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Modified PEs at Curved Surfaces for Active Targeting and Cell Mimicking

The controlled synthesis of micro- and nanostructures has caused a scientific revolution for bio- and nanotechnology, paving the way to develop novel strategies for drug delivery, optical devices, photonics, and biosensing applications. Orthogonally displaying biomolecules and responsive functionalities at the interface has been addressed as a crucial aspect for determining the holistic properties of such spherical objects, while at the same time improving their stability in solution. As for flat substrates, the use of modified PEs on particles has emerged as an appealing strategy due to the self-organization at the curved surface and the possibility to customize the colloidal properties. Proper design of the adsorbing PE could ensure control not only of the type and density of moieties expressed at the interface, but also of the outer-layer architecture, affecting the interactions with cells and other biological entities.

As well as the main role of forming camouflaging coatings around microparticles and NPs to reduce the cytotoxicity upon cell/tissue uptake, PEG-grafted PEs have also been used to investigate cell functions, incorporation pathways, and active targeting. Quantum dots (QDs) covered with hyperbranched PEI-PEG were used to study the internalization process in HeLa cells.[263] The grafting density of PEG on the branched PEI had an influence on the uptake mechanism. At a ratio of four PEG moieties per PEI molecule, compartmentalization inside the organelles was observed, as indicated by the colocalization of light emission from the QDs and the stained organelles. On the other hand, at a ratio of two PEG chains per PEI molecule, fast endocytosis was observed in vesicles followed by slow endosomal escape into the cytoplasm.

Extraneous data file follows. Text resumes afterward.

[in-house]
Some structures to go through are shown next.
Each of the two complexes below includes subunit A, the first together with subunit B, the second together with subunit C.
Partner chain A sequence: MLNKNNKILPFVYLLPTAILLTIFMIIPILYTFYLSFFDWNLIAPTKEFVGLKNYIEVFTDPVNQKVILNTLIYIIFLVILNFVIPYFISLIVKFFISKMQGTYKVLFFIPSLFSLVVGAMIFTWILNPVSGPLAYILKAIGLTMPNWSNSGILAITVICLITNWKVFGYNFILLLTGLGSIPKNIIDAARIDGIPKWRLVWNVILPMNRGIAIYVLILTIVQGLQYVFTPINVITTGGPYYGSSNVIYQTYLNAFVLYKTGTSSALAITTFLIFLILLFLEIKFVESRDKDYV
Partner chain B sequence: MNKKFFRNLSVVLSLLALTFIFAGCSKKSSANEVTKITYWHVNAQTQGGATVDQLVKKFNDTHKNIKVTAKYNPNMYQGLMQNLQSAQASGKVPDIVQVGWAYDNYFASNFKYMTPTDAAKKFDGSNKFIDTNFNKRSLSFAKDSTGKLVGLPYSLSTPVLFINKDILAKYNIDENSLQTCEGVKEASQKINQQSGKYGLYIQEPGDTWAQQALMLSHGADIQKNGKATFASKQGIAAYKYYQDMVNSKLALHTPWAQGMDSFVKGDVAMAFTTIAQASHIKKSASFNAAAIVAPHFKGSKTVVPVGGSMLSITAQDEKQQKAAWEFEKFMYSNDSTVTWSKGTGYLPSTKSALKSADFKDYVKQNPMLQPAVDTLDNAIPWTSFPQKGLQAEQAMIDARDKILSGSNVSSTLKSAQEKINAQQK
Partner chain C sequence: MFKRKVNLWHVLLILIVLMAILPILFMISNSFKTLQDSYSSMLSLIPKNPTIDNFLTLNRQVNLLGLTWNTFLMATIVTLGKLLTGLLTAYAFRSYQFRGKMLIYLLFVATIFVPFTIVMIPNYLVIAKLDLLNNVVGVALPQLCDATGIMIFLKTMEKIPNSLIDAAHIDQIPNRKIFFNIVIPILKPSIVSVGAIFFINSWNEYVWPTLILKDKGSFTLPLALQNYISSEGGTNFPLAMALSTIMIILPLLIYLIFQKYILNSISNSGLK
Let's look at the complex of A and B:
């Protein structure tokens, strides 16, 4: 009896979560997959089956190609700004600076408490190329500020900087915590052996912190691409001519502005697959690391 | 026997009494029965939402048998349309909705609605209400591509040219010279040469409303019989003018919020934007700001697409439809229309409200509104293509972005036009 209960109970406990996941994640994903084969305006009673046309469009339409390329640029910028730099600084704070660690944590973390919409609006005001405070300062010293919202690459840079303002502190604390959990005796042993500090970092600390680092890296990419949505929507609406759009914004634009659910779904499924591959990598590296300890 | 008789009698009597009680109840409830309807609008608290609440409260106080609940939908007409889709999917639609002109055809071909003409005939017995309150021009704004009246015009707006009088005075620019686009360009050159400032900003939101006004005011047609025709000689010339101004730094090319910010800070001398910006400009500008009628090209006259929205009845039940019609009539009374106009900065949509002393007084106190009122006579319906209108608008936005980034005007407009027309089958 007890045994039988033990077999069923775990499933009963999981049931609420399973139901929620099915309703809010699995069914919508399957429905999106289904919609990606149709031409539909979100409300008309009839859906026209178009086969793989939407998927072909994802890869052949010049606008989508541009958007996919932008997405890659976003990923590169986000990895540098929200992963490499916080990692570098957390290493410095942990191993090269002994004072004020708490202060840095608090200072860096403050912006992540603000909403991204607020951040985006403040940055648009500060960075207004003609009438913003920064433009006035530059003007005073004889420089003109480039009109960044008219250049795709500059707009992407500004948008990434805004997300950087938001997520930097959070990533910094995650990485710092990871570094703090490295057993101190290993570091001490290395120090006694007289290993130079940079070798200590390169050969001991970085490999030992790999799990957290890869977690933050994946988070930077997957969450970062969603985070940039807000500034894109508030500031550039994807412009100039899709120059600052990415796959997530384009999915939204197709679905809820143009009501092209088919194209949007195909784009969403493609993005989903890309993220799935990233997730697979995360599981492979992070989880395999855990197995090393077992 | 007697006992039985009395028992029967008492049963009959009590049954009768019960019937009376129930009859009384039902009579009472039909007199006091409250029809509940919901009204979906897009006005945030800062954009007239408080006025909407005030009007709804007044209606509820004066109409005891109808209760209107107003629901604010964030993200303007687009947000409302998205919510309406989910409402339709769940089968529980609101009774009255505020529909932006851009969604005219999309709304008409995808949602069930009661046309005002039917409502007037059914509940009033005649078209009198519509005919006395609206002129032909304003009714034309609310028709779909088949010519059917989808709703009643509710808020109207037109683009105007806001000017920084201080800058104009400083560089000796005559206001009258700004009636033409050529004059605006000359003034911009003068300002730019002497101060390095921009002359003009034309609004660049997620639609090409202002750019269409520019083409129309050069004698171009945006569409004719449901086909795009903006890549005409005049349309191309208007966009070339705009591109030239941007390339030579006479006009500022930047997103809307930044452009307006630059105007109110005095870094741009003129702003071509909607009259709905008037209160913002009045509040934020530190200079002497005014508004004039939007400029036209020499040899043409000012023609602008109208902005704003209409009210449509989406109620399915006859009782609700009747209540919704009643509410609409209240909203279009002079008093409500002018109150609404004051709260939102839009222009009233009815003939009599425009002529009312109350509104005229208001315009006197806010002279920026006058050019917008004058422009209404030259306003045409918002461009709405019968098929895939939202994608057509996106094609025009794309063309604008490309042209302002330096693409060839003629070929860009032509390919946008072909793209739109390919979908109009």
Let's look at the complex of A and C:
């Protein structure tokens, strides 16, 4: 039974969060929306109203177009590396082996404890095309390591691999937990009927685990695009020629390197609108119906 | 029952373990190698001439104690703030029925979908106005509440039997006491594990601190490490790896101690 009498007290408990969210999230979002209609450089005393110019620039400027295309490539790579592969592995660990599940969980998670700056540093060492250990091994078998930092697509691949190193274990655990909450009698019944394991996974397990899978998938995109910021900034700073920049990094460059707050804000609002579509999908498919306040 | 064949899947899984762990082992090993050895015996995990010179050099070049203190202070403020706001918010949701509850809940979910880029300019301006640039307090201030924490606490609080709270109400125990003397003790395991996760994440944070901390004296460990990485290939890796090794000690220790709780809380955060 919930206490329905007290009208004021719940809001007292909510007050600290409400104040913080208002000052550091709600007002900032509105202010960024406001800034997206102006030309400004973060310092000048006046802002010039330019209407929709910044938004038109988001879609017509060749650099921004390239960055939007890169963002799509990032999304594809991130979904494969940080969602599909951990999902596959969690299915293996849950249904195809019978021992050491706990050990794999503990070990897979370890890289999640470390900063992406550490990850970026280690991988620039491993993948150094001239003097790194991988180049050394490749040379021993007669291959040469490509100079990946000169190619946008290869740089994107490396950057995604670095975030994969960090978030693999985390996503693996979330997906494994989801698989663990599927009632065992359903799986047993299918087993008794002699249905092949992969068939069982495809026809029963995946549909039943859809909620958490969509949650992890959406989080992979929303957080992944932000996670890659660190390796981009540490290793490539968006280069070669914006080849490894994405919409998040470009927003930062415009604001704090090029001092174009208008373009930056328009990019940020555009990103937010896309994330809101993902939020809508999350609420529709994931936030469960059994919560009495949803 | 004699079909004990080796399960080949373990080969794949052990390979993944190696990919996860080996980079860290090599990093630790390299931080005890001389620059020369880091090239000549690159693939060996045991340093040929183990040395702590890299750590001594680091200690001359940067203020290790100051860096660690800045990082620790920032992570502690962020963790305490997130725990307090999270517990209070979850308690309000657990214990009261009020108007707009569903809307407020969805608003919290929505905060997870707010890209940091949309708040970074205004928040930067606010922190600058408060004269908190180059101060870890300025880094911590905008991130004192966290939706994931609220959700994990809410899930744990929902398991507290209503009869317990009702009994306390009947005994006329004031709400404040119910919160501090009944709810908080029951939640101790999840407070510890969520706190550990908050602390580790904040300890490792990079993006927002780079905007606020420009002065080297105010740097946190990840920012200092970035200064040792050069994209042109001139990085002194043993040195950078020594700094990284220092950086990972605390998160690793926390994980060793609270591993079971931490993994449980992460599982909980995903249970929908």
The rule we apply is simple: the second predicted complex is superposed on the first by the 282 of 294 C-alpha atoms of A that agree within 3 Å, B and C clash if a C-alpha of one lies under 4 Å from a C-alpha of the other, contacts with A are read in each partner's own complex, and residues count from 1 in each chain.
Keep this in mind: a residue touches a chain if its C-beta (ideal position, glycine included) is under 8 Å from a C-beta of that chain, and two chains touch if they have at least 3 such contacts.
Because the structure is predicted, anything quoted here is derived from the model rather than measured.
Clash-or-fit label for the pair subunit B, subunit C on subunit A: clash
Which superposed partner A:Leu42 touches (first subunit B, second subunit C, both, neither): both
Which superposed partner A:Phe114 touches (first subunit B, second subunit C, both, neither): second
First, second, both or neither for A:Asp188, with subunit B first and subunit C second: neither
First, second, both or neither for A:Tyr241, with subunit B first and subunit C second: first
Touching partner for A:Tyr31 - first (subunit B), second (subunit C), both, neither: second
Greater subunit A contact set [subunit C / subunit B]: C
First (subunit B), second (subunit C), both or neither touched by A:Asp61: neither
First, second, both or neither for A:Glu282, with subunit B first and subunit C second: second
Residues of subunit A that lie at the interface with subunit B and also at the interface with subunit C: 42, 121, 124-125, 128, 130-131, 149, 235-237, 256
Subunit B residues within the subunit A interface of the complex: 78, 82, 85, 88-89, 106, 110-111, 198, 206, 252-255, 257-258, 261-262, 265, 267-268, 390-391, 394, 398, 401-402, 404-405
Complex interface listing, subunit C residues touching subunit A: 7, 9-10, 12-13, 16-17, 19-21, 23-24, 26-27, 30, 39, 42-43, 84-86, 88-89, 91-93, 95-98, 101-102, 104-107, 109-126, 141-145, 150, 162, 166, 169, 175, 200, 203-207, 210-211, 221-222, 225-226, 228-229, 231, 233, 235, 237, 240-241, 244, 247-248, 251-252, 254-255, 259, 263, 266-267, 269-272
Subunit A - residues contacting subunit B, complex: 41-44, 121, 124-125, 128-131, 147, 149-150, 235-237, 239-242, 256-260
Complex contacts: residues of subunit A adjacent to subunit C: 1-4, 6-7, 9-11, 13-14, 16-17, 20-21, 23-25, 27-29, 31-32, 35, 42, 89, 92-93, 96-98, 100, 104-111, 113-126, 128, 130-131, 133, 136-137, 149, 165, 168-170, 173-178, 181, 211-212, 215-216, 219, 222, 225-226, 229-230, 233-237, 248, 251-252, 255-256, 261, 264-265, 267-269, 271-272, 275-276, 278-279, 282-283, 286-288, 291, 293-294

The type of modified PE can influence cellular recognition. PS microcapsules with PLL-PEG as the outer layer blocked the phagocytosis of dendritic cells and macrophages more efficiently than PGA-PEG, as reported by Wattendorf and coworkers.[264] The PEG chain fraction and length affected the cellular recognition of PS beads.[265] High PEG (2 kDa) density appended to PLL presented efficient protein resistance but low phagocytosis by dendritic cells and macrophages. Moreover, varying the molecular weight of the PEG chain (1 or 5 kDa) was shown to maintain the protein resistance, but to impair the phagocytosis. The use of such a system for cell targeting was investigated by Faraasen et al. by adding the RGD peptide to the PLL-PEG PE.[266] By exploiting both PS and poly(d,l-lactic-co-glycolic acid) (PLGA) beads in combination with binding and nonbinding motifs (RGD and RDG, respectively), a specific, receptor-mediated recognition for phagocytosis was identified for PLL-PEG-RGD-covered spheres, with possible applications for specific targeting ([Figure 11]).

Zoom Image
Figure 11 Efficiency of ligand-specific internalization by macrophages for differently functionalized interfaces of PLGA-covered particles. Type of modified PEs used, from left to right: PLL-PEG, PLL-PEG-RGD, and PLL-PEG-RDG (nonbinding). Adapted with permission from Ref. 266. Copyright 2003 Springer Nature.